Connect with us


Photo by Matthias Heyde on Unsplash

Top 2021 stories

How smart cities cut emissions

Internet, software, applications, and datasets are some of the many contributions that technological progress and innovation has made to sustainable development. As a support mechanism to local governments and stakeholders and to foster innovation as a way to drive sustainability, ICLEI Europe and developed an Action Fund, which granted €2M to non-profit institutions using data to drive environmental action.

The ICLEI Action Fund finances data-driven projects in six European cities: Nantes, Copenhagen, Berlin, Hamburg, Oldham, and Birmingham.  All of the projects financed use data from private and public sources to reduce pollution, energy consumption and greenhouse gases emissions. In Nantes and Copenhagen, both projects have one common goal: to improve air quality and increase citizens’ health and welfare.

According to a 2017 survey, les français et l’environnement’, 30% of all French citizens perceive air quality in the country as being poor, with 72% identifying road traffic as the source of pollutants. Comparatively, only 61% and 25% respectively identified industrial sites and agriculture as being sources of pollution. Moreover, research conducted by the  French national health agency in 2016 found that air pollution resulted in 48,000 premature deaths per year. In order to tackle this problem, Nantes-based non-profit Air Pays de La Loire set up the Aireal project.

Through the use of Information and Communication Technology (ICT), Aireal will support the city’s urban transportation strategy. In particular, its objective to reduce individual car use and to promote alternatives such as walking, biking or public transports. The municipality will be able to use the datasets integrated into tools, such as public transportation management and traffic regulation systems, to synchronise citizens’ actions and public choices, adapting bus routes, as well as speed limits to improve air quality.

Data will also be available to citizens through a mobile application which will guide users toward healthier ways to move and live. Citizens will be able to choose which means of transportation to use, which routes to take, where to buy a house, or even where and when to make complaints to local authorities. Working together with SAMOA, a local innovation centre, the project will identify local testbeds to implement measures – air quality management interventions – and trial solutions for evaluating air quality in public spaces.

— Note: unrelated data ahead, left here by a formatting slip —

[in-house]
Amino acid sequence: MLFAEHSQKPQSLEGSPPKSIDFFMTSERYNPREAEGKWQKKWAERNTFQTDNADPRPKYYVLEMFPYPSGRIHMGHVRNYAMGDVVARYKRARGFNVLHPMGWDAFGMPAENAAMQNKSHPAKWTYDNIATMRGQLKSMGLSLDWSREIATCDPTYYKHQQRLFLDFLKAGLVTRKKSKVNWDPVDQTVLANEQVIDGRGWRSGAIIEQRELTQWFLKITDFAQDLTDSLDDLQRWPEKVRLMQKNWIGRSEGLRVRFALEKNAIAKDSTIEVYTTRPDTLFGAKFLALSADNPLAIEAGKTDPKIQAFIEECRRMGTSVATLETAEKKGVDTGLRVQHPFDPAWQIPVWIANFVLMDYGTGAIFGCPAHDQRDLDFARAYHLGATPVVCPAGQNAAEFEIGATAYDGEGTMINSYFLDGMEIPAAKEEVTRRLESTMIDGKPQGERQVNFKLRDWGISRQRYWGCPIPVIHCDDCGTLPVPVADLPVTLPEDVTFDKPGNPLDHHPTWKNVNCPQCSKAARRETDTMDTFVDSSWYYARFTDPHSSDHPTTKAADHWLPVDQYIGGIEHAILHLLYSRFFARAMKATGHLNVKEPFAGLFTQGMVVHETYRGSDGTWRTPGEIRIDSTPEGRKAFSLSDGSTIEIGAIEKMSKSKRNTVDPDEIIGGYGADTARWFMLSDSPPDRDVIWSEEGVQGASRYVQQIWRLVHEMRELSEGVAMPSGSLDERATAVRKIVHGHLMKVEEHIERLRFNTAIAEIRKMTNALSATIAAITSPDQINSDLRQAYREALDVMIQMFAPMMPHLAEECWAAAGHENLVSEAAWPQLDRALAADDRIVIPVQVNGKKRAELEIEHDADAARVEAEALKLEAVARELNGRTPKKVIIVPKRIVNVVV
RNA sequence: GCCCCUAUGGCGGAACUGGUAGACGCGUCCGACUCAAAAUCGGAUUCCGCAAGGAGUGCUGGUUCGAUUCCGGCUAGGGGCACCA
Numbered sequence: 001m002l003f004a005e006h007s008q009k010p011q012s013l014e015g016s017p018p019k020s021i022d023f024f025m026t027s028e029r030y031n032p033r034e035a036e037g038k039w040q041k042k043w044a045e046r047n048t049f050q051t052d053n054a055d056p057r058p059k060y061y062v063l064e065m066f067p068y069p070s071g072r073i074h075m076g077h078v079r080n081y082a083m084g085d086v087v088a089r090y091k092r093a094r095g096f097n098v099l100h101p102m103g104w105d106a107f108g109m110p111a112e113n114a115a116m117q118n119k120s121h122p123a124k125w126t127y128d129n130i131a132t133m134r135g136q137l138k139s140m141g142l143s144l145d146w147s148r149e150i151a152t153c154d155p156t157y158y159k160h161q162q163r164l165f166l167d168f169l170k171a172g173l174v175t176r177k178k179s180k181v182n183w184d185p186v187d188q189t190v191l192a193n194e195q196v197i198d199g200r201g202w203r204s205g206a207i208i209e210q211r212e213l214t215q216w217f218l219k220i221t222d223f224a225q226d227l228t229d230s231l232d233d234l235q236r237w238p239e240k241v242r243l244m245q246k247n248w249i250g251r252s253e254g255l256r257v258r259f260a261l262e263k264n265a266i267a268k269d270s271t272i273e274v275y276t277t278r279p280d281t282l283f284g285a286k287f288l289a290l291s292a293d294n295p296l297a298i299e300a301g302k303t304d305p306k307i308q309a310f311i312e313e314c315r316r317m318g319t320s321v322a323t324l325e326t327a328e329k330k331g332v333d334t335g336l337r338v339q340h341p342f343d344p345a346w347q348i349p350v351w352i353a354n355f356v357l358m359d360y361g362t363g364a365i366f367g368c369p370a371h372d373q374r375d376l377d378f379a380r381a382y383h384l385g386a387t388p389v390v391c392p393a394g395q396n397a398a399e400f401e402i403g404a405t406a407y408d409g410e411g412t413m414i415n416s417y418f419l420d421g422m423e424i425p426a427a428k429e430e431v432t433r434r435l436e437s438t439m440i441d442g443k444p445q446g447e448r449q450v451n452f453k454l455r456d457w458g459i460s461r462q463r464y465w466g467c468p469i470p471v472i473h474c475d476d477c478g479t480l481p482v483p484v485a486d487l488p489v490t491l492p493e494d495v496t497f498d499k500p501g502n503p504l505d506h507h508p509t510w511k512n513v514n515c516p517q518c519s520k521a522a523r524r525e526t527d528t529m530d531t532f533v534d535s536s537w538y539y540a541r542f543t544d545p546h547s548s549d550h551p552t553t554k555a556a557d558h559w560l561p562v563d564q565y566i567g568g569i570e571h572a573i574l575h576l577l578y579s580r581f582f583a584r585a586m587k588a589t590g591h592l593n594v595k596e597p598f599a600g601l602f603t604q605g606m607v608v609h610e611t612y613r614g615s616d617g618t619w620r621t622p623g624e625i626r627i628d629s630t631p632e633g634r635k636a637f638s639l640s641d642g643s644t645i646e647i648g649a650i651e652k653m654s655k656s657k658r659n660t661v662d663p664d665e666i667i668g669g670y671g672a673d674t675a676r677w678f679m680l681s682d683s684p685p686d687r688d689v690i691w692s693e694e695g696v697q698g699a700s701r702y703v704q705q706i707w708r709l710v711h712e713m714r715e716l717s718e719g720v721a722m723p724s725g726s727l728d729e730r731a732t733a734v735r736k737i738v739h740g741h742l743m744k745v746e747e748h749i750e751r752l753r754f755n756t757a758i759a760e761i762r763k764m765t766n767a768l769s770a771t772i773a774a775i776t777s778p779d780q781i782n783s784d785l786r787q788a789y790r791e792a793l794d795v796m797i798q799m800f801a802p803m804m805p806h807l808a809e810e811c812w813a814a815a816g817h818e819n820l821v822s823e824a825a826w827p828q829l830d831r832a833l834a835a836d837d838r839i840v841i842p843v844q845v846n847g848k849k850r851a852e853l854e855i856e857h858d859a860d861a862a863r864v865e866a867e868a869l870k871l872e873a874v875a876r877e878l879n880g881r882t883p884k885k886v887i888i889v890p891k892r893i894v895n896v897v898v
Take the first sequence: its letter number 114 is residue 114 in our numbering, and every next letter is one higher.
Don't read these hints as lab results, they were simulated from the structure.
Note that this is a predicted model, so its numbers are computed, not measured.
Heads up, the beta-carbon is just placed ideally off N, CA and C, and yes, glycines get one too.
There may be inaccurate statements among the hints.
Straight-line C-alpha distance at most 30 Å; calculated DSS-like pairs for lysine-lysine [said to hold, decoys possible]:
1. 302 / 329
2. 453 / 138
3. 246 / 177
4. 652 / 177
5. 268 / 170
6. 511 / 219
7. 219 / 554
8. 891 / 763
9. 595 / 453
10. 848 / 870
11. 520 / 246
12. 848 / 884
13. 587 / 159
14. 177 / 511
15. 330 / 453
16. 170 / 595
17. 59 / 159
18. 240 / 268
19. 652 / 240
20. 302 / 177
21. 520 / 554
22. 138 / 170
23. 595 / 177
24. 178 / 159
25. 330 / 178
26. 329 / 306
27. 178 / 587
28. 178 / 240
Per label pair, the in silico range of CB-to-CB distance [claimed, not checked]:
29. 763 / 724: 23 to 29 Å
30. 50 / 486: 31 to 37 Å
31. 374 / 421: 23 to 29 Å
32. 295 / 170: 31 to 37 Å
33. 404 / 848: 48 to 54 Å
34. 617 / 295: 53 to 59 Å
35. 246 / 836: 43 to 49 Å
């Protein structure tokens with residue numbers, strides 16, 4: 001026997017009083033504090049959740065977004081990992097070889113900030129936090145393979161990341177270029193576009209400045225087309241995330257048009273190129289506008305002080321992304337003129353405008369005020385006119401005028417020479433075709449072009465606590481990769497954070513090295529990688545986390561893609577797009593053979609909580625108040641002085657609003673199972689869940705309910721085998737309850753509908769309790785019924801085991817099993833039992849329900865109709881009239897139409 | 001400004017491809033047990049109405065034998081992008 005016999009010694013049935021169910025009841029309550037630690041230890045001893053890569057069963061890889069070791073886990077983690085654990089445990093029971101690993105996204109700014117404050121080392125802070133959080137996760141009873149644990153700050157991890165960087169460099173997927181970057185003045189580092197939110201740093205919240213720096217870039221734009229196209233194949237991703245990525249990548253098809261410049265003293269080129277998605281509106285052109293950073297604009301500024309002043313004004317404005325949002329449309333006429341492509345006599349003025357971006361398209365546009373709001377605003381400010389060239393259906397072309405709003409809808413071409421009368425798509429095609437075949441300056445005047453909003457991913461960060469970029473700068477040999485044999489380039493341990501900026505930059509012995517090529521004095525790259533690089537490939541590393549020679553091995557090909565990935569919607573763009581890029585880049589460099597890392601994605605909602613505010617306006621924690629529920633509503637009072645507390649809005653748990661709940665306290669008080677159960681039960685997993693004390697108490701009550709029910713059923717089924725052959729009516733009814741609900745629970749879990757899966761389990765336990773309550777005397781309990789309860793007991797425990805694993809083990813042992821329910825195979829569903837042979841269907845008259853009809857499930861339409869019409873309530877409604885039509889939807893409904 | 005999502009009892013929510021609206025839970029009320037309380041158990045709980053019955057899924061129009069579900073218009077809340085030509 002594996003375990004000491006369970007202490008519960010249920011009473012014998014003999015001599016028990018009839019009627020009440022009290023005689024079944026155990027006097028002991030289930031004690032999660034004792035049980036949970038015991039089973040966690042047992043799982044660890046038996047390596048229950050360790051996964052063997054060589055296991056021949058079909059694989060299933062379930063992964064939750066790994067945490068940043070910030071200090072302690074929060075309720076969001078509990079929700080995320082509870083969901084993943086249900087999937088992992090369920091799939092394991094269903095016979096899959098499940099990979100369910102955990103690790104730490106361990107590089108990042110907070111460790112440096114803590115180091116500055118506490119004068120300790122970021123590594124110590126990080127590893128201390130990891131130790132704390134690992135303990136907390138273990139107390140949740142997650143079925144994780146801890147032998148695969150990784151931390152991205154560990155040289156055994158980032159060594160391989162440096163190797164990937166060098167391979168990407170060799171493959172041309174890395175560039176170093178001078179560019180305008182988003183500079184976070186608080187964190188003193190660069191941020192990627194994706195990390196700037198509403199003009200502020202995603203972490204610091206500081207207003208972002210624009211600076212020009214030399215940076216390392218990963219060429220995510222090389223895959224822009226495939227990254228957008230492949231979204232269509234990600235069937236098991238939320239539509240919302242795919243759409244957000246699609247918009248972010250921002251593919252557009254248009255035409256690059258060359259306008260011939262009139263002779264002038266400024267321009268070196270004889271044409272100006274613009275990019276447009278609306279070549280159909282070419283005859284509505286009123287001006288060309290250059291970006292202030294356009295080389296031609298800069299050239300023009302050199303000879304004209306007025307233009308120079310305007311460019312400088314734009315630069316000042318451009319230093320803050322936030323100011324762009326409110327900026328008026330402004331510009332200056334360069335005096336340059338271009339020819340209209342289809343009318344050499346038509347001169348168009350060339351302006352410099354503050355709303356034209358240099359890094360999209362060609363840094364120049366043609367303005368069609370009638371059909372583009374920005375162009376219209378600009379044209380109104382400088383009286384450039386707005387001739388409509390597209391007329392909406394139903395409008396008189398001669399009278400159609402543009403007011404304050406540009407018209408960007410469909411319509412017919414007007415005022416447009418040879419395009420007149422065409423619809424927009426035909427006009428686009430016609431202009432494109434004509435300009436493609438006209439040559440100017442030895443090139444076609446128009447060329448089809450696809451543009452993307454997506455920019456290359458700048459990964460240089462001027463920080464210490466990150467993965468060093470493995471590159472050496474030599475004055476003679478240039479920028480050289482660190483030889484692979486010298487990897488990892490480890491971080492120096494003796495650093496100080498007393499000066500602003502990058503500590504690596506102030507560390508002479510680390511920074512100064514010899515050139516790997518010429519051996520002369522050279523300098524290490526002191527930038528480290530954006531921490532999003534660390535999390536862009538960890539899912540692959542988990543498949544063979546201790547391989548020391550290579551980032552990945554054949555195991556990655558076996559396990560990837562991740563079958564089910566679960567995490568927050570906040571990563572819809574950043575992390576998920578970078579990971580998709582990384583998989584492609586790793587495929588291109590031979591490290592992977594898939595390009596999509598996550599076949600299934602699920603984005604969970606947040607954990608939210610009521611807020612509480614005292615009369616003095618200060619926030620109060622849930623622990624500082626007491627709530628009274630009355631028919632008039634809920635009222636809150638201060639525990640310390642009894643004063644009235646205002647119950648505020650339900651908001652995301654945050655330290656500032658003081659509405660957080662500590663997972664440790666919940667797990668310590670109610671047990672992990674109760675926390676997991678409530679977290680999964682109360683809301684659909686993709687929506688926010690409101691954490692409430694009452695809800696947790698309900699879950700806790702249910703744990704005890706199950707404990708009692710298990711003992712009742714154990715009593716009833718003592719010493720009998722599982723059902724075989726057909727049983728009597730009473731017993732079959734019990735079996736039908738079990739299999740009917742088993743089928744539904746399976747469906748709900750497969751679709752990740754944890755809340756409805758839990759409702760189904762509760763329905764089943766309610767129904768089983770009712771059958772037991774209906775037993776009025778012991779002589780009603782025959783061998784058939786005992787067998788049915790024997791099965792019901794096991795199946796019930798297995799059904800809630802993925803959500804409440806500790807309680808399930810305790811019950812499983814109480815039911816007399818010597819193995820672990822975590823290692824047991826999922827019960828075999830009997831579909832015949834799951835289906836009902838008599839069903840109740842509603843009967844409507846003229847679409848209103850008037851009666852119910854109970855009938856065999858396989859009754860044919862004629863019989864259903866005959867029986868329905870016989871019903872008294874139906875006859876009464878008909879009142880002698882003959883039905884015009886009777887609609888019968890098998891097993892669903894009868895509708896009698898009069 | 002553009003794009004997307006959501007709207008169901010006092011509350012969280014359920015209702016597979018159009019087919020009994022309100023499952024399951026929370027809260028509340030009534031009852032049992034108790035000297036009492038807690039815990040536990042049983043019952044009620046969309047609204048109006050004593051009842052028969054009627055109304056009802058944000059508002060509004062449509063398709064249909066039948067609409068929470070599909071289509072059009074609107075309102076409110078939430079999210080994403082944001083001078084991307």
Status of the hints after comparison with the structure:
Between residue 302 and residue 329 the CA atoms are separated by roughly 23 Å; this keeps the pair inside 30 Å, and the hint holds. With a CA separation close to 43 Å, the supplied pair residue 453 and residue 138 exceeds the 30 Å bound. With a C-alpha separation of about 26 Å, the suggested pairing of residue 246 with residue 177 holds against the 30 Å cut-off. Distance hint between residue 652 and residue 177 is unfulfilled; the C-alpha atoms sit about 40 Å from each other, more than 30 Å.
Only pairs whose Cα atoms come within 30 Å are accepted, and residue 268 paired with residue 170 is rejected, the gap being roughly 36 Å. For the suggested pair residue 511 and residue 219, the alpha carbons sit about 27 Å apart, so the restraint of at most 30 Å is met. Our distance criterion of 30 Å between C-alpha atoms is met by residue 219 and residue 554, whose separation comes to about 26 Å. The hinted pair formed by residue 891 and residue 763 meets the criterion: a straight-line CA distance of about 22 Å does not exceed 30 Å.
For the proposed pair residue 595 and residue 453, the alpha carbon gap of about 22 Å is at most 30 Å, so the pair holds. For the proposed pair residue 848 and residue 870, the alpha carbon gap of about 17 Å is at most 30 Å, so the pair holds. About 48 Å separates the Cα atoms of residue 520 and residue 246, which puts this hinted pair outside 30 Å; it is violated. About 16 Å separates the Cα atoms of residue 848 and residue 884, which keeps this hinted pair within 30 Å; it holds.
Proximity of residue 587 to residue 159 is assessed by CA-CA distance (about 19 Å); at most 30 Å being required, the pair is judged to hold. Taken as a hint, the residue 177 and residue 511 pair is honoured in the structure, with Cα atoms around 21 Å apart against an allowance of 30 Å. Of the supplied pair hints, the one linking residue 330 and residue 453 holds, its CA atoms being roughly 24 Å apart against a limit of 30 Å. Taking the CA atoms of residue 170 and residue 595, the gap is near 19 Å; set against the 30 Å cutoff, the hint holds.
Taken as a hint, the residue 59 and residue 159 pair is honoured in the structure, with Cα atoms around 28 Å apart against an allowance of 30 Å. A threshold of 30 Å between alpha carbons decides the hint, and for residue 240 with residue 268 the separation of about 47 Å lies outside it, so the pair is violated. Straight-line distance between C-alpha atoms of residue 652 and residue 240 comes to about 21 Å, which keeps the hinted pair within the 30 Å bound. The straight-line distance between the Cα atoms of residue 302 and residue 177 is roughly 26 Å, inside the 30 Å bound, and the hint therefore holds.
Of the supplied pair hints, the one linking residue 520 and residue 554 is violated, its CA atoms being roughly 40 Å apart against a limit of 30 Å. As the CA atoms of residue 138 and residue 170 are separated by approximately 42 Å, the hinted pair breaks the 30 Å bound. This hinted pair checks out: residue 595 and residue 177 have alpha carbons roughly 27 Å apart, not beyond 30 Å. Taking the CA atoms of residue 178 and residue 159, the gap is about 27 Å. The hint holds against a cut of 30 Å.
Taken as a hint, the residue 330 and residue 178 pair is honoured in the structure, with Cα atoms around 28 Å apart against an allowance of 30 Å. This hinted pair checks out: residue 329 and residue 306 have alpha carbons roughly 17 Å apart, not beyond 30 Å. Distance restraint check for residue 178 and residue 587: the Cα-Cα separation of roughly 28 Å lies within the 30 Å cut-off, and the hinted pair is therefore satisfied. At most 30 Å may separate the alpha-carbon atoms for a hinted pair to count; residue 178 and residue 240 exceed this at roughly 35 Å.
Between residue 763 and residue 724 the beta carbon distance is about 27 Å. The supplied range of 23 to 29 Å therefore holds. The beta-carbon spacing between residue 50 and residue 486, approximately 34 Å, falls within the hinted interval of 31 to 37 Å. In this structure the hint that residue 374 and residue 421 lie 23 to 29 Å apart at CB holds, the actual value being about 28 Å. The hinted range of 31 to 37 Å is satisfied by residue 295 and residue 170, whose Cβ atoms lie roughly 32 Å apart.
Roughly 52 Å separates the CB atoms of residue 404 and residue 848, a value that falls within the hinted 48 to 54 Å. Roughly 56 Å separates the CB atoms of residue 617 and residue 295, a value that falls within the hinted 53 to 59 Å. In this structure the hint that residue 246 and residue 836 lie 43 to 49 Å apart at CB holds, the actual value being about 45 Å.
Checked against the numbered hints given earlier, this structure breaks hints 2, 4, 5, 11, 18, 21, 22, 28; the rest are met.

During the first stage, the project identified the global methodology and built up the first real-time traffic database. “We hope to obtain additional data to enrich the database while considering an experiment to measure the impact of this project on citizens’ habits,” said Project manager Camille Magnan.

Similar to Nantes, the Danish capital, Copenhagen, is also taking an innovative approach to reducing GHG emissions and improving air quality. Non-profit Miljøpunkt Amager will use environmental data to create a model to assess air pollution impacts and citizens’ action in defined areas. Based on data from multiple sources – air quality, public planning, socio-economic, land use – project Thrive Zone Amager will provide tested and fact-based guidelines to the design of urban spaces focused on protecting citizens against harmful air pollution.

Working closely with the City of Copenhagen and their City Solutions Lab, Miljøpunkt uses Google AirView, traffic and community-collected data to inform new designs of urban spaces where citizens can enjoy the local environment with improved air quality levels and vibrant public spaces. Miljøpunkt Amager maps existing data, while its partner Gehl Architects will design new spaces in the city’s Ørestad-Amager district.

The project also takes an innovative approach to participation, engaging citizens and involving them in the process. 

Through a digital toolbox set up by Miljøpunkt Amager’s team, citizens can share their inputs and opinions and volunteer to carry air sensors during their daily routines, measuring their own everyday exposure to air pollution. 

“All citizen inputs are now being analysed into insights together with data sets covering the full area. The results will be presented first at our Advisory Board meeting in April. And when COVID-19 allows, citizens will be invited to engage again with the insights in the design process,” says director Dorte Grastrup-Hansen, Miljøpunkt Amager.

Read more about these inspiring projects, the Action Fund and how cities are innovating for sustainable development.

Newsletter Signup

Written By

Communications and Member Relations Officer, ICLEI Europe.


COP28 president says we now know how to keep 1.5°C target in reach


How to invest in ending global hunger

food | water

How to use gaming to better understand the climate crisis


New online tool assesses your risk of burning out


Newsletter Signup